New YouTube Show!


JM & Keegan discuss roster construction as they build lineups Tuesday-Saturday

In the passing game, we’ll see Mike Williams, Keenan Allen, and Josh Palmer as the primary wide receivers, with DeAndre Carter rotating in a smidge and viable as a punt option. Of the three, Allen is the safest play as he runs routes that generate high catch rates, and he has seen at least seven targets in every healthy game this year, which has resulted in a low of 13.4 Draftkings points. On full slates, I tend to question Allen’s ceiling, but on a Showdown slate, he’s a strong option. Williams is more boom/bust, with five games this year higher than Allen’s best game, and another four of 8.5 or fewer DK points. Williams is of course another strong option – he’s just not as safe as Keenan. At very similar price points, I’ll probably just arrive at roughly equal exposure to both, as I don’t really have a strong take on who’s likeliest to hit. Palmer is interesting, and as I noted last time I wrote up a Chargers game, he can easily be a bit of a forgotten man by the field when everyone else is healthy, but he’s still seeing going to see volume (there is a LOT of volume to go around in this offense). I really like him in tournaments as I expect him to come in at lower ownership than his role justifies. At tight end, we have Gerald Everett and Donald Parham (finally returned last week) as the primary receiving options, with Tre McKitty in a blocking role. I’m not sure that Parham’s return really hurts Everett much, as his snaps didn’t really move when Parham was out, and it’s hard to track target share because there have been so many other moving pieces in the Chargers offense this season. Everett’s volume has gone up and down but I couldn’t say what’s just variance, what’s due to matchup, and what’s due to other injuries (and specifically Parham’s injury). Everett still feels fine – he’s priced close to the kickers and he’s delivered five games this season that would have you feeling good about him for his price. But, there’s nothing that really makes him stand out. Parham down at $400 is a really strong value option, as while he only played 31% of the snaps last week, there’s room for that to grow, and they got him involved when he was out there with three catches on three targets. Parham is also a freak athlete who has significant per-catch upside. At $400, he can find his way into a winning lineup with a modest score on a slate with so many stud options.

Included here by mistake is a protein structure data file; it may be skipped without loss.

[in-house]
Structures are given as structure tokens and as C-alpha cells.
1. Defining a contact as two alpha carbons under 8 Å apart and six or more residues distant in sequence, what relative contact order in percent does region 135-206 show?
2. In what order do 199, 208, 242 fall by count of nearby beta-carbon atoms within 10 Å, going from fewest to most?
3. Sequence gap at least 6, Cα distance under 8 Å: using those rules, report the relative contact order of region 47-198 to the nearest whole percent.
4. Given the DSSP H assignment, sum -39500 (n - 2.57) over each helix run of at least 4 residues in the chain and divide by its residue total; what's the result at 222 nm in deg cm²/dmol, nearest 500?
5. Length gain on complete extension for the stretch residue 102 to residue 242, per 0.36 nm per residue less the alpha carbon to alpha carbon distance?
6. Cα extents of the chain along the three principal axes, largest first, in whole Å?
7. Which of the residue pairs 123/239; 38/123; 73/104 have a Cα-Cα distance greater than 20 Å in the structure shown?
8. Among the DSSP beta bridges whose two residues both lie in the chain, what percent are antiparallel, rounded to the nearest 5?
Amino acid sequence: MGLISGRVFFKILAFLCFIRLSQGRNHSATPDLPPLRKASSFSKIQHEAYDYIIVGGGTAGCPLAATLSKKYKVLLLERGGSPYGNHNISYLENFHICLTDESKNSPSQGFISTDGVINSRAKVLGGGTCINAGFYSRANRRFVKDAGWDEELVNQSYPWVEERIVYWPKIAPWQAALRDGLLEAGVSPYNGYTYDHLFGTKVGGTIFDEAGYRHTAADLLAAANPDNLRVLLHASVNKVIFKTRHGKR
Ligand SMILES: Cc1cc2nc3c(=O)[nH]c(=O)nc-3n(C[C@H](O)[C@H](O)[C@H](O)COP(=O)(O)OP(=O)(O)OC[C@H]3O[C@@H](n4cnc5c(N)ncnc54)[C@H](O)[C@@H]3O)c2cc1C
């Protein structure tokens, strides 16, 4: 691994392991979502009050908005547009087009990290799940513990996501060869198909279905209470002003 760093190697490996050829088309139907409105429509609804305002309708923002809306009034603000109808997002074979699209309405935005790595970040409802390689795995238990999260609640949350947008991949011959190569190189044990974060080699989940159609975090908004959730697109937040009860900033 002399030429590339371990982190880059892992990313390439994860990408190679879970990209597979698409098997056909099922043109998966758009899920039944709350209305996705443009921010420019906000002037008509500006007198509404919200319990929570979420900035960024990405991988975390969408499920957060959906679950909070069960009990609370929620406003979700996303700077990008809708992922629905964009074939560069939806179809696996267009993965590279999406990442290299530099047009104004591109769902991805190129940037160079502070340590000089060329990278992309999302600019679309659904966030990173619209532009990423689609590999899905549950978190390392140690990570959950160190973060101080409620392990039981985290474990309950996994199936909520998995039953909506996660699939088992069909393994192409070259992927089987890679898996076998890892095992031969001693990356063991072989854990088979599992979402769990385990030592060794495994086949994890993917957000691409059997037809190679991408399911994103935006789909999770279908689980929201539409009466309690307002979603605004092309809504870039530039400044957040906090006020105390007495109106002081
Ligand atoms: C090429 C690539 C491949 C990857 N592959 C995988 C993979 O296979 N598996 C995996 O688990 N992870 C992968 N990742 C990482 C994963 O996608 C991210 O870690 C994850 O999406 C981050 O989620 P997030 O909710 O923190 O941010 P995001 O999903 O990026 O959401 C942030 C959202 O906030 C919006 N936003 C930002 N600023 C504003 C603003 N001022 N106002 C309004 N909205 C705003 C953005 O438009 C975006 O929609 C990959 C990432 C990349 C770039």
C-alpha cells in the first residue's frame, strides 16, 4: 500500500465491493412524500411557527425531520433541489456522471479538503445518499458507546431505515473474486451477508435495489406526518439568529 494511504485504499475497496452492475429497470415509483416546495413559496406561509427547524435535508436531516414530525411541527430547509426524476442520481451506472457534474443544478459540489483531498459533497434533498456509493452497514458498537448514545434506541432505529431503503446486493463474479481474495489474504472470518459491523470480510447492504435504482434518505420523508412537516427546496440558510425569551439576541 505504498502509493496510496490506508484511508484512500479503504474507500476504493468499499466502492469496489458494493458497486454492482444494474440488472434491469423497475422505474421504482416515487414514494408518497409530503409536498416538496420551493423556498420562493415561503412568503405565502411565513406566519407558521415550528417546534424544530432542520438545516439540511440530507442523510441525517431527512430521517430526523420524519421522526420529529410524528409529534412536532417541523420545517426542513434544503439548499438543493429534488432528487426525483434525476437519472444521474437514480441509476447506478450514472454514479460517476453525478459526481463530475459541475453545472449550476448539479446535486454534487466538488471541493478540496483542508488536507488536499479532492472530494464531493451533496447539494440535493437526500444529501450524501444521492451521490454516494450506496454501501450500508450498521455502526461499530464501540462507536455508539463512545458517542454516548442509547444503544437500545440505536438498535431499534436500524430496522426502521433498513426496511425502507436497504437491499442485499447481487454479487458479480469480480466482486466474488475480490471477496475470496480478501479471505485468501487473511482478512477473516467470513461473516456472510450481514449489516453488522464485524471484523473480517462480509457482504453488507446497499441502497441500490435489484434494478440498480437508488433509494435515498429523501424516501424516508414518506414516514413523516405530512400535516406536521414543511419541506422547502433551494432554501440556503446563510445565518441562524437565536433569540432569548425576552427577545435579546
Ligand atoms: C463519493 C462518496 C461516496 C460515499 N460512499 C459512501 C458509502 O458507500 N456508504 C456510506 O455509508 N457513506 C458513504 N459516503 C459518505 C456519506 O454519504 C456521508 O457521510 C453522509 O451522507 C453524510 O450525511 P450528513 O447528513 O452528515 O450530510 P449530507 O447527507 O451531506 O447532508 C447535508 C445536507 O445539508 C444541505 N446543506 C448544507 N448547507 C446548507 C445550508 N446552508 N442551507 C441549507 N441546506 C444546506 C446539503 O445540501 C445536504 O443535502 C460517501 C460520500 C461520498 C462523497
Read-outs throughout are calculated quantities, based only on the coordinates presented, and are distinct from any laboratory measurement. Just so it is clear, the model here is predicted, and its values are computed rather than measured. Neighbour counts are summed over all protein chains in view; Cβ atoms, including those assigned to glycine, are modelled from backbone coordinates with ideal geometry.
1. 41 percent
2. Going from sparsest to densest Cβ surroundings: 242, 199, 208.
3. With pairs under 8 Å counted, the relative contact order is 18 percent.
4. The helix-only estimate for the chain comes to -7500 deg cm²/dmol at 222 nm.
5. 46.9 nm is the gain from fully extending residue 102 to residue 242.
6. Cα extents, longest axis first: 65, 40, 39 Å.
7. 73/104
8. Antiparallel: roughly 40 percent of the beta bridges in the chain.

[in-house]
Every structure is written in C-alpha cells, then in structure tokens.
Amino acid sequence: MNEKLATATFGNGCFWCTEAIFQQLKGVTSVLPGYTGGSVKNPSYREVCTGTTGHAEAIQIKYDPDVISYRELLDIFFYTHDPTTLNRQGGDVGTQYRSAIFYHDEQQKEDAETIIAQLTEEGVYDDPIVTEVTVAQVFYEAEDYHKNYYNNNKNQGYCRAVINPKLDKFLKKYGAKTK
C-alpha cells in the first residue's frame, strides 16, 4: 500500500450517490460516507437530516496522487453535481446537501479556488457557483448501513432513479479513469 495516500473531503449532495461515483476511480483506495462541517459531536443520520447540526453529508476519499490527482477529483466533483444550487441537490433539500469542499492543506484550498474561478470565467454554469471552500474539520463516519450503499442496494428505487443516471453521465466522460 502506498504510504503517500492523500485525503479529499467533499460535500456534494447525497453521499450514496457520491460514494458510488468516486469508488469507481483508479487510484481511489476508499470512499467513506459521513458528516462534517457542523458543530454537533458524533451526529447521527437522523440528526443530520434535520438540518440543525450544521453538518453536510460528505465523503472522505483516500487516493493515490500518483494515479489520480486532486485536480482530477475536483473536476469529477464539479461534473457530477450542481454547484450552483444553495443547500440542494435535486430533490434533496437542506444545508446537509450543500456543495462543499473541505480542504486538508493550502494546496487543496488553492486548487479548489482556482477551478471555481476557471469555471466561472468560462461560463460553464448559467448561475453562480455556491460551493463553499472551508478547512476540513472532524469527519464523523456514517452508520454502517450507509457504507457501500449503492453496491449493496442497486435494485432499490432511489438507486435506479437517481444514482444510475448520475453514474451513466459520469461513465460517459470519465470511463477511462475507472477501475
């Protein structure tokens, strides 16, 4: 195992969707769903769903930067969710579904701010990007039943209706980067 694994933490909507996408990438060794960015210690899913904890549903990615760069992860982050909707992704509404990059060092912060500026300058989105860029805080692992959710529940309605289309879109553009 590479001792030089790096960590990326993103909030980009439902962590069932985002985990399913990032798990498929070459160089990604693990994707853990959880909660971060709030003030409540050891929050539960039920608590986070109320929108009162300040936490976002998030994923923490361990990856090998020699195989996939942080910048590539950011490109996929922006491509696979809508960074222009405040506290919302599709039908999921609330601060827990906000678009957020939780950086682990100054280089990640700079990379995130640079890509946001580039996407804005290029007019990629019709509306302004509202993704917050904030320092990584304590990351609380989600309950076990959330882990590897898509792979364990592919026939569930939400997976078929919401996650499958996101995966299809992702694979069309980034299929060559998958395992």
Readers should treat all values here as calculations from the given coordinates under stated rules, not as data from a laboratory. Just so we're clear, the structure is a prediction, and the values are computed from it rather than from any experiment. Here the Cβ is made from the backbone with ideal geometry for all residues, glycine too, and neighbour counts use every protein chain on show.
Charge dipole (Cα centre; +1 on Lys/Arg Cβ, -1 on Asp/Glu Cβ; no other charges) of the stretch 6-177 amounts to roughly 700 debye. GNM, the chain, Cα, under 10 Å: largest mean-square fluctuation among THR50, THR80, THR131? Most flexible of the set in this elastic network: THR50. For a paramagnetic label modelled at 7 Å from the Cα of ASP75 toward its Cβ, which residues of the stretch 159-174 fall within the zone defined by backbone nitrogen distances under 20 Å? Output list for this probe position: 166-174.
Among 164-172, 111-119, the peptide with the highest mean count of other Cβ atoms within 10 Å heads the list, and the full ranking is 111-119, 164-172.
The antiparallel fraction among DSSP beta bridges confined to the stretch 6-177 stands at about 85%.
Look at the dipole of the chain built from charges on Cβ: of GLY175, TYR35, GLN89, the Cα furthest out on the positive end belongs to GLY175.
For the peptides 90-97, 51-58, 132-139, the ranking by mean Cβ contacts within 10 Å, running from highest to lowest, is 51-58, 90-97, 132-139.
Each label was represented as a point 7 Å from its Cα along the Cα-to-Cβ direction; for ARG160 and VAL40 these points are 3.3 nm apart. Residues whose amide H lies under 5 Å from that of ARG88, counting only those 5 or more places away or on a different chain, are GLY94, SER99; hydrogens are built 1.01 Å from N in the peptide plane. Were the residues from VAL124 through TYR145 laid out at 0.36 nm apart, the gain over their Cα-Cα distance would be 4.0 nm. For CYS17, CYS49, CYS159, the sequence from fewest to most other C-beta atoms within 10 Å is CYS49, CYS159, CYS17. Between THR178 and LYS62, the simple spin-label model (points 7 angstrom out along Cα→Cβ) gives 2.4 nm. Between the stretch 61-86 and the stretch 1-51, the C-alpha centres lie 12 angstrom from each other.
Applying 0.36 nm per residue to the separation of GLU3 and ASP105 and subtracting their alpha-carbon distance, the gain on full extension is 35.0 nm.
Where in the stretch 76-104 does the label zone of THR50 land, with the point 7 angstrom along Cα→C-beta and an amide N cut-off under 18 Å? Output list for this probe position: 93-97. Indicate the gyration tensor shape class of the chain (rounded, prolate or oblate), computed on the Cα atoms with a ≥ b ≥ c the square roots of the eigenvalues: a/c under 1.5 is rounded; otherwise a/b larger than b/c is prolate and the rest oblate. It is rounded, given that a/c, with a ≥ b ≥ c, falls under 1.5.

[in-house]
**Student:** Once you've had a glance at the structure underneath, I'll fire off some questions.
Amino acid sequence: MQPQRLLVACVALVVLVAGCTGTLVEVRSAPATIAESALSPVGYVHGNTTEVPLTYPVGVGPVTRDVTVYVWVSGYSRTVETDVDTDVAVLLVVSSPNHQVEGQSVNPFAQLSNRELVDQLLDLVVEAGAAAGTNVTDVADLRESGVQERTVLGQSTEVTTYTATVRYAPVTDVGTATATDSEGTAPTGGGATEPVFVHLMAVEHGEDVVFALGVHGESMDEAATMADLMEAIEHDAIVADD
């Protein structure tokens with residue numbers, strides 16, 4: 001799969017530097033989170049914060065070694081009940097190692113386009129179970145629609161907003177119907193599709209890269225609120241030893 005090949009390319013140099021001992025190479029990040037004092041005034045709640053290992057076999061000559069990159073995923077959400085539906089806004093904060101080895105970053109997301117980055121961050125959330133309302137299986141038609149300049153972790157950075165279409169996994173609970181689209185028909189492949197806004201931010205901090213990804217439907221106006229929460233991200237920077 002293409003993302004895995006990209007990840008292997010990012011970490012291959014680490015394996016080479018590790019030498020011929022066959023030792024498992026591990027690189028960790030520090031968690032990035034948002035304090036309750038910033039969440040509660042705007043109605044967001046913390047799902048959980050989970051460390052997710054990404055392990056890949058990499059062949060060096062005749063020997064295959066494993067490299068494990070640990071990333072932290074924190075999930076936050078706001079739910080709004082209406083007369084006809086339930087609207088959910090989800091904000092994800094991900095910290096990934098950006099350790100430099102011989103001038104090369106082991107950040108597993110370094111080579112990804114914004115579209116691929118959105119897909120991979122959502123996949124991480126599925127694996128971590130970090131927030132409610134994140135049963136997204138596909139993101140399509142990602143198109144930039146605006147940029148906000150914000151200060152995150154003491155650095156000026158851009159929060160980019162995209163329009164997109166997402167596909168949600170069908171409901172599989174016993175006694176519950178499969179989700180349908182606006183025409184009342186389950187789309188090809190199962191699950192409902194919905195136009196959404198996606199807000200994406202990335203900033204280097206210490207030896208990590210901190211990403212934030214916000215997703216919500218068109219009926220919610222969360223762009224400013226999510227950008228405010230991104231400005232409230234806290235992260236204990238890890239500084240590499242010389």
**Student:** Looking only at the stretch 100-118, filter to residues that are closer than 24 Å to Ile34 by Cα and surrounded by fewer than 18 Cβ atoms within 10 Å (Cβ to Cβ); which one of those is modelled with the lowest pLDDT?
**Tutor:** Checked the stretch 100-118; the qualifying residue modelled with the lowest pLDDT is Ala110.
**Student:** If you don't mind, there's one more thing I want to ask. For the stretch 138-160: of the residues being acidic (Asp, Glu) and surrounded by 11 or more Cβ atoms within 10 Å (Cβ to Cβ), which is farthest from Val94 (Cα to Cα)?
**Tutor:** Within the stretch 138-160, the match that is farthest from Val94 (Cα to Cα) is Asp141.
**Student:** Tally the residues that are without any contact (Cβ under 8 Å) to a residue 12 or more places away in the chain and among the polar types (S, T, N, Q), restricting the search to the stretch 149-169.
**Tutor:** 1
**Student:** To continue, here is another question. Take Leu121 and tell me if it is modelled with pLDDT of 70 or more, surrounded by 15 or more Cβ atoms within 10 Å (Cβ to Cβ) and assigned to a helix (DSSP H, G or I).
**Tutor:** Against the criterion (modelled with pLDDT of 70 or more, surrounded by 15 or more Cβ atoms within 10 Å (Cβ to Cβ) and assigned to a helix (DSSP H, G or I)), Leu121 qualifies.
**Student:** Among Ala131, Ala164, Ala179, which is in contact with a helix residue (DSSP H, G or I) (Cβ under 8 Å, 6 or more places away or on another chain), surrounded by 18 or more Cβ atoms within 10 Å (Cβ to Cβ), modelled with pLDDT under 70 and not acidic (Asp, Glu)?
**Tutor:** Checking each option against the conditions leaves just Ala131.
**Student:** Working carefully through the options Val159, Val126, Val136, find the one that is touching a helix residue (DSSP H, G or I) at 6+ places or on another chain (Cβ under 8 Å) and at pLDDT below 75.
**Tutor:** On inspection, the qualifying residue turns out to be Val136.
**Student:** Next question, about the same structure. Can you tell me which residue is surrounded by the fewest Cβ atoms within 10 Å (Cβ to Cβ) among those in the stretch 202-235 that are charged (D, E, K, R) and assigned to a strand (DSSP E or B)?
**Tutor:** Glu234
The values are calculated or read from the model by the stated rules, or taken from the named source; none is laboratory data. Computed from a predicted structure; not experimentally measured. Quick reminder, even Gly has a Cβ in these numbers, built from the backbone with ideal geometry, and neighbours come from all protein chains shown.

The way I see this game as being likeliest to play out is for the Chargers to take control and the Colts to have to play catch-up at some point. The spread feels narrower than it should, but then again, the Chargers have made a habit of underperforming their level of talent for years now. How else could this play out?

Potential Scenarios
  • Well, the Chargers could once more underperform their level of talent and fall on their face in a road game against a fairly good defense. Who’s building Colts onslaughts here? That’s right, nobody.
  • The salary structure of this one is going to lend itself to stars and scrubs builds with 4 expensive Chargers who people are going to want to play. A very simple way to be different is to just not go that route – you could fade all the expensive studs, or you could just play 1 and then avoid going down to any play below the kickers.
Cash Games

In cash games, my player pool consists of Herbert, Ryan, Ekeler, Moss, the kickers, Parham, and then depending on where salary ends up, I’d be fine landing on Allen or Pittman if using Parham allows me to. With Granson out, Woods enters cash game consideration for me as well. 


In tournaments, I expect the 3 primary Chargers (Ekeler, Allen, Williams) to be the highest owned captains, and deservedly so. I’ll try to lean differently by being overweight on Moss (and Jackson!), Palmer, and Pittman. 

Some groups to consider
  • At most 1 defense
  • Pair captain pass catchers with their QBs (or consider boosting the QB if using a captain receiver if you don’t want 100% exposure to this pairing – discussed in further detail in the 2020 update to my Advanced Showdowns course)
  • If captaining an expensive receiver, at most 1 other pass catcher from the same team
  • If using an RB captain, apply a negative correlation to the opposing defense and kicker (you can see how to do so in my FantasyLabs tutorial video)
  • If captaining a quarterback, include at least 2 of their pass catchers
  • If captaining one of Ryan, Moss, or Jackson, at most 1 of the other 2 (unless building a 5-1 Colts onslaught)
    • I’m also going to set up a series of rules that basically say “if a roster contains 2 of Ryan/Moss/Jackson in flex spots, reduce the projection of the other guy by 25%.” This will allow me to not completely block out this combination, but to make it quite rare.
  • At most 1 Colts tight end